An Inhibitor reduces the effects of Zika virus in Brain Organoid

An investigation on zika has shown that it modifies the function of the molecule and causes a TLR3 cell 'suicide' in the brain. The experiment conducted in laboratory brains, seeks to reduce the aggressiveness of infection, resulting in microcephaly fetuses, using an inhibitor. Early results indicate that cells infected by the virus decreased by 16% in five days.

US – Since the first cases of infection were detected by zika in pregnant mothers, many studies have tried to show how the virus is able to kill zika related to the development of babies’ brain cells.  Now, American pediatricians have tried in-woven brain organelles created from stem cells that mimic a brain really a new method to curb the aggressiveness of the virus using an inhibitor. The study results have been published in the latest issue of the journal Cell Stem Cell.

“We all have an innate immune system that fights viruses, but Zika use it against us,” said Tariq Rana, lead author of the study   and professor of pediatrics at the University of California San Diego.

Zika contributes to self-destruction of cells during the formation of the brain because it deceives the molecules TLR3 -specially commissioned to protect the body from invaders germs and makes orders virus. This anomaly cause of microcephaly in babies of women affected. “The good news is that we have inhibitors that could prevent this from happening,” says the pediatrician.

In order to determine whether the use of inhibitors can block the effects of the virus on TLR3, Rana team tried some of the infected 3D micro-brain created in vitro organelles. The results show that, five days after infection, the infected elements zika size had decreased by 16%.  “We use a chemical to enhance the reactivation of TLR3 and found that brain tissue began to shrink much faster,” said Tariq Rana.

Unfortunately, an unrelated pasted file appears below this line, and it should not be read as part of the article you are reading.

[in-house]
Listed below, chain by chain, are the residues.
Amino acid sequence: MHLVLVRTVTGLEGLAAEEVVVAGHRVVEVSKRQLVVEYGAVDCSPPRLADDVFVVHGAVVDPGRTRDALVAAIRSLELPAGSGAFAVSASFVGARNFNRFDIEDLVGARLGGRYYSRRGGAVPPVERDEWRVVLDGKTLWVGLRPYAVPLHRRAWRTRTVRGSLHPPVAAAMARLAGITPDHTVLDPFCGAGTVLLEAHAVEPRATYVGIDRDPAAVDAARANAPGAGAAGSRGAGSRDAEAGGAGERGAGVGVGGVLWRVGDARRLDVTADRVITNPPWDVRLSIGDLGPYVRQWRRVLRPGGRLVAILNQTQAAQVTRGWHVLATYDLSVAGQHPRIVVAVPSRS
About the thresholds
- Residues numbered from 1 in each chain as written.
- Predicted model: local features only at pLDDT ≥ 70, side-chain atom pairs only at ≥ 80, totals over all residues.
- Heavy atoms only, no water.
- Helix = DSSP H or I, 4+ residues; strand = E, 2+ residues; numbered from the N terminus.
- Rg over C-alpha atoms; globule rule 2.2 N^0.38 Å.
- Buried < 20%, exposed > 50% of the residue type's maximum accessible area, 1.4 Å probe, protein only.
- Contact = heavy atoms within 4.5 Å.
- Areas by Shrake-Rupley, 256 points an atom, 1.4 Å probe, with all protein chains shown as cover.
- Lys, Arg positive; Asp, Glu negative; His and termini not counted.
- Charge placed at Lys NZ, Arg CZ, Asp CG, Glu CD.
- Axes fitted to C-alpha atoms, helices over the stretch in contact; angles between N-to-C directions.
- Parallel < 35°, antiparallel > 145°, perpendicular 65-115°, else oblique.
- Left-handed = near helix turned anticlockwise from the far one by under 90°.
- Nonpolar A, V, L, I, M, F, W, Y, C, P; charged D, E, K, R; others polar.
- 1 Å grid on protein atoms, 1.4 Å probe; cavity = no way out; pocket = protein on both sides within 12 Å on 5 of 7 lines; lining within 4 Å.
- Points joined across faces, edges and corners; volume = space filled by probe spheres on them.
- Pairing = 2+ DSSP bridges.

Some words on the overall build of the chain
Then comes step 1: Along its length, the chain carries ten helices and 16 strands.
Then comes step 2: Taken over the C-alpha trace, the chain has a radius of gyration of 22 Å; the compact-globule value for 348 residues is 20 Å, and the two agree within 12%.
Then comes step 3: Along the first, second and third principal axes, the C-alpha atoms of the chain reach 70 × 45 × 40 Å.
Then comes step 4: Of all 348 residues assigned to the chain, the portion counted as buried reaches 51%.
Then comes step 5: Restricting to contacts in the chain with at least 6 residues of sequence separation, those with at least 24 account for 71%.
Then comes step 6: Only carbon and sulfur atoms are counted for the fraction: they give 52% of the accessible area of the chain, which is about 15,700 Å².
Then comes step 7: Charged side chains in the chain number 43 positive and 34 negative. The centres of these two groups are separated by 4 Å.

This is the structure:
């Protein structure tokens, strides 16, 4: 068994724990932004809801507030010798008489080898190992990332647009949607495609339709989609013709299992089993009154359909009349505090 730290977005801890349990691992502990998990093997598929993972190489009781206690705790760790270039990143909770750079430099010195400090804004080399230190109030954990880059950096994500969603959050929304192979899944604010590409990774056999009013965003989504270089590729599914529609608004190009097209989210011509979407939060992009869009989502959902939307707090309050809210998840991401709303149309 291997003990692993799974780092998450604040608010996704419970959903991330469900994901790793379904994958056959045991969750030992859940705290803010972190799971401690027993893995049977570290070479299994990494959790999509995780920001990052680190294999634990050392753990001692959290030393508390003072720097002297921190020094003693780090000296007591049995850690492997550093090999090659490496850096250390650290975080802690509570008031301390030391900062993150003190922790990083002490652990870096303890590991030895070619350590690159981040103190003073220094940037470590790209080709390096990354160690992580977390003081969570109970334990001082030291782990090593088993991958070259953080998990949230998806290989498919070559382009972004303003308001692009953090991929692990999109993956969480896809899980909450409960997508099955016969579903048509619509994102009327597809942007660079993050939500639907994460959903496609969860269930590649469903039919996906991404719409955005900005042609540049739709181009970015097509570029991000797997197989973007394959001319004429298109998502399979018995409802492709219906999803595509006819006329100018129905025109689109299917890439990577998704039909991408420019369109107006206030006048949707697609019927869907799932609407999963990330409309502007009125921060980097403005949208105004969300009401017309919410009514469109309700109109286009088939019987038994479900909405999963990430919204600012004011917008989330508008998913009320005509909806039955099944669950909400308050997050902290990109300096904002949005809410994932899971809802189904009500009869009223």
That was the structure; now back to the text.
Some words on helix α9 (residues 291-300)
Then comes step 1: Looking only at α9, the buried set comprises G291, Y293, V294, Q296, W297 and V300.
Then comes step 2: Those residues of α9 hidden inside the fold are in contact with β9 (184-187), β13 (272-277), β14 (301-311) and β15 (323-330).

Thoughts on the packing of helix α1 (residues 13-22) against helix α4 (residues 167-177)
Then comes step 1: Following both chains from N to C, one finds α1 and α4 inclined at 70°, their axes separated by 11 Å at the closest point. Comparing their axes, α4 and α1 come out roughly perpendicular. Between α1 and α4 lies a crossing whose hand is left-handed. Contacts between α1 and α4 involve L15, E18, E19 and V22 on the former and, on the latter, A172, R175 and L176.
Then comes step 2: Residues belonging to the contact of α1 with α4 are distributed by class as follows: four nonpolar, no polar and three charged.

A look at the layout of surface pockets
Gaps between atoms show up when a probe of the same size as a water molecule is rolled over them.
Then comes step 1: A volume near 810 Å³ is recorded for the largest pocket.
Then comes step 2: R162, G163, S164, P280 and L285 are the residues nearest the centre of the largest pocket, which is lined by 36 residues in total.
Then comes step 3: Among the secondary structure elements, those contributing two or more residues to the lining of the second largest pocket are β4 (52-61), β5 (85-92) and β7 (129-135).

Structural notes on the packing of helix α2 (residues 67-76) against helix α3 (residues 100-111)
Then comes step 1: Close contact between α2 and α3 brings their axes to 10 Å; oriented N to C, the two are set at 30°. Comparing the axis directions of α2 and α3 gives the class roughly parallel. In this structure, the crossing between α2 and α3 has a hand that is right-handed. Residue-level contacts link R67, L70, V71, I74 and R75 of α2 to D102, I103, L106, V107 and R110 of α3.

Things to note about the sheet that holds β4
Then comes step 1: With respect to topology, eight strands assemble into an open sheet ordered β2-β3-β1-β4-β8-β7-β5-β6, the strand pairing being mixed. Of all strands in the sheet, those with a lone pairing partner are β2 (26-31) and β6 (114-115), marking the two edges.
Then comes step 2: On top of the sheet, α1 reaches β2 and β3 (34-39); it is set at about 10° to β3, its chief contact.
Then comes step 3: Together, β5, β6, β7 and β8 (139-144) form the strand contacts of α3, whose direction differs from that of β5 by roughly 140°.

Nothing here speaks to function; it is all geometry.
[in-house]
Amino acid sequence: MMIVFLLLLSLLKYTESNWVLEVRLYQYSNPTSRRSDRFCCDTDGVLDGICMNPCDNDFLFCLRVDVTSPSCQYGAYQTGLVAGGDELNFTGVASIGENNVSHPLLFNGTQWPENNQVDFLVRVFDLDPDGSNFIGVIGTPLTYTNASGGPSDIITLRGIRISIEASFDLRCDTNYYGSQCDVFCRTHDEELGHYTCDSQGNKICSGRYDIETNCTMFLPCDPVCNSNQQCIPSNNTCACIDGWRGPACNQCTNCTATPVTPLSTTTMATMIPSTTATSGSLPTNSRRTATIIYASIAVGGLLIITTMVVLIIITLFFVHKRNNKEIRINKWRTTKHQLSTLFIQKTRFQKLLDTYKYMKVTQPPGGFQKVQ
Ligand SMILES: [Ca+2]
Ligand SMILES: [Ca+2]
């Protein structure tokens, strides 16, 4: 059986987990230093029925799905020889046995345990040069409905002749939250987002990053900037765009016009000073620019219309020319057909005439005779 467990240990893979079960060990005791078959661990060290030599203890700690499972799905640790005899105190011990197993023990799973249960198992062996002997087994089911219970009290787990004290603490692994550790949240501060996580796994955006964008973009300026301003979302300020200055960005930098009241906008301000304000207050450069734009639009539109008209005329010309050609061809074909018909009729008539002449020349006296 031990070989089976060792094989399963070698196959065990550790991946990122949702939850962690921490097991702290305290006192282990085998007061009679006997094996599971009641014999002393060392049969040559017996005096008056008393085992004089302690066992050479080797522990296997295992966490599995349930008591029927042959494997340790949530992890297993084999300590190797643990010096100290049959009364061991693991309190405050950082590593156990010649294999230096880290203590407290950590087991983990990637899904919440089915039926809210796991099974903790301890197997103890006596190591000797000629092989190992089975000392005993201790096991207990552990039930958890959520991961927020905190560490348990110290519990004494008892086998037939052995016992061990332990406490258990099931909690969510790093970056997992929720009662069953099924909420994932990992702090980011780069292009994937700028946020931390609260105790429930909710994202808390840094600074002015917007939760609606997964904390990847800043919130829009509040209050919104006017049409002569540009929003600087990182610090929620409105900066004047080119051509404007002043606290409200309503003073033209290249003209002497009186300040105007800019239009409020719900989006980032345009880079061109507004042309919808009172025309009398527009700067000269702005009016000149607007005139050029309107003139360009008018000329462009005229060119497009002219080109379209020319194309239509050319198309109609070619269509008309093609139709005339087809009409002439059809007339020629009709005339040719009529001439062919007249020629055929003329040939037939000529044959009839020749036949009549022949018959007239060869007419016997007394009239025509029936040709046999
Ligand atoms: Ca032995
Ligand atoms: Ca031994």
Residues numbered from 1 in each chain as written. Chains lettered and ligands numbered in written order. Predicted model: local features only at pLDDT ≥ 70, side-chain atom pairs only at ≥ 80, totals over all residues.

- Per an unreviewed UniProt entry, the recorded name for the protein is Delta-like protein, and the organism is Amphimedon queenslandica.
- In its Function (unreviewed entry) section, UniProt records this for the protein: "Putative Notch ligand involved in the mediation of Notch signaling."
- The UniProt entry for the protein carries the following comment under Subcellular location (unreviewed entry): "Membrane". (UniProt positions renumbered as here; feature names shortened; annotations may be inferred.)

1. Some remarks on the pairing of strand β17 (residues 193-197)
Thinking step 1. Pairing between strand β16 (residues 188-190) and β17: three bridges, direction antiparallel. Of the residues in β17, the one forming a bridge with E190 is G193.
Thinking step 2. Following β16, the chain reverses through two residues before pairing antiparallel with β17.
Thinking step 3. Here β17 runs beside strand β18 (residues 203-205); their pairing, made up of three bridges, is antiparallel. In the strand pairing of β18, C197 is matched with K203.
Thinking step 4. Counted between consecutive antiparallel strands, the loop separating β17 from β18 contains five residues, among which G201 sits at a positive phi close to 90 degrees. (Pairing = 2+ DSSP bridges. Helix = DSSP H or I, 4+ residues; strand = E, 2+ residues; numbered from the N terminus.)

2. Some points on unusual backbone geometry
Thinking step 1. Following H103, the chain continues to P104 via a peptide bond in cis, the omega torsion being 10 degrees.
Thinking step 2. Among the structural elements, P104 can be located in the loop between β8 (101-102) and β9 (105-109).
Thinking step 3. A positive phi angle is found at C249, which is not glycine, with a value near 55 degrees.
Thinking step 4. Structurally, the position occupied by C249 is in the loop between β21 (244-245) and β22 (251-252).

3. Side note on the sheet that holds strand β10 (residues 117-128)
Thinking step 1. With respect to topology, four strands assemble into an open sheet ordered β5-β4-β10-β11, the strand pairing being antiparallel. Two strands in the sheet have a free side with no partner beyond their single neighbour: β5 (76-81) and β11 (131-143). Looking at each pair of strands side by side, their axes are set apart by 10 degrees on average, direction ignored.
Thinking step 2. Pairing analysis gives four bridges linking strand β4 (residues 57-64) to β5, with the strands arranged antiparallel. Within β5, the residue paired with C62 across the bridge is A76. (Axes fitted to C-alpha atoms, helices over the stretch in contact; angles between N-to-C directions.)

Previous work on zika infected organelles and established the connection between infection and death of brain cells. Rana’s team brings new data on how to strengthen the immune system to fight the virus.

Search for new therapeutic approaches

The team opens the door to look for new therapeutic approaches to mitigate the effects of infection through a mechanism of inhibition of the molecules concerned.

“We have used this 3D human brain development early model to find the causes of microcephaly in fetuses caused by zika” says Rana. “Part of my lab work on other viruses that cause damage to the central nervous system, and now want to return to study following this pattern,” he adds.

If only in vitro approach with a particular strain of virus – the MR766, from Uganda and different from the one that caused an outbreak of cases in Latin America -, this finding can better understand the virus to stop it.

This new study comes after the confirmation by the Center for Disease Control (CDC) in the United States, the link between Zika virus and reduced head abnormally detected in infants born to infected mothers.

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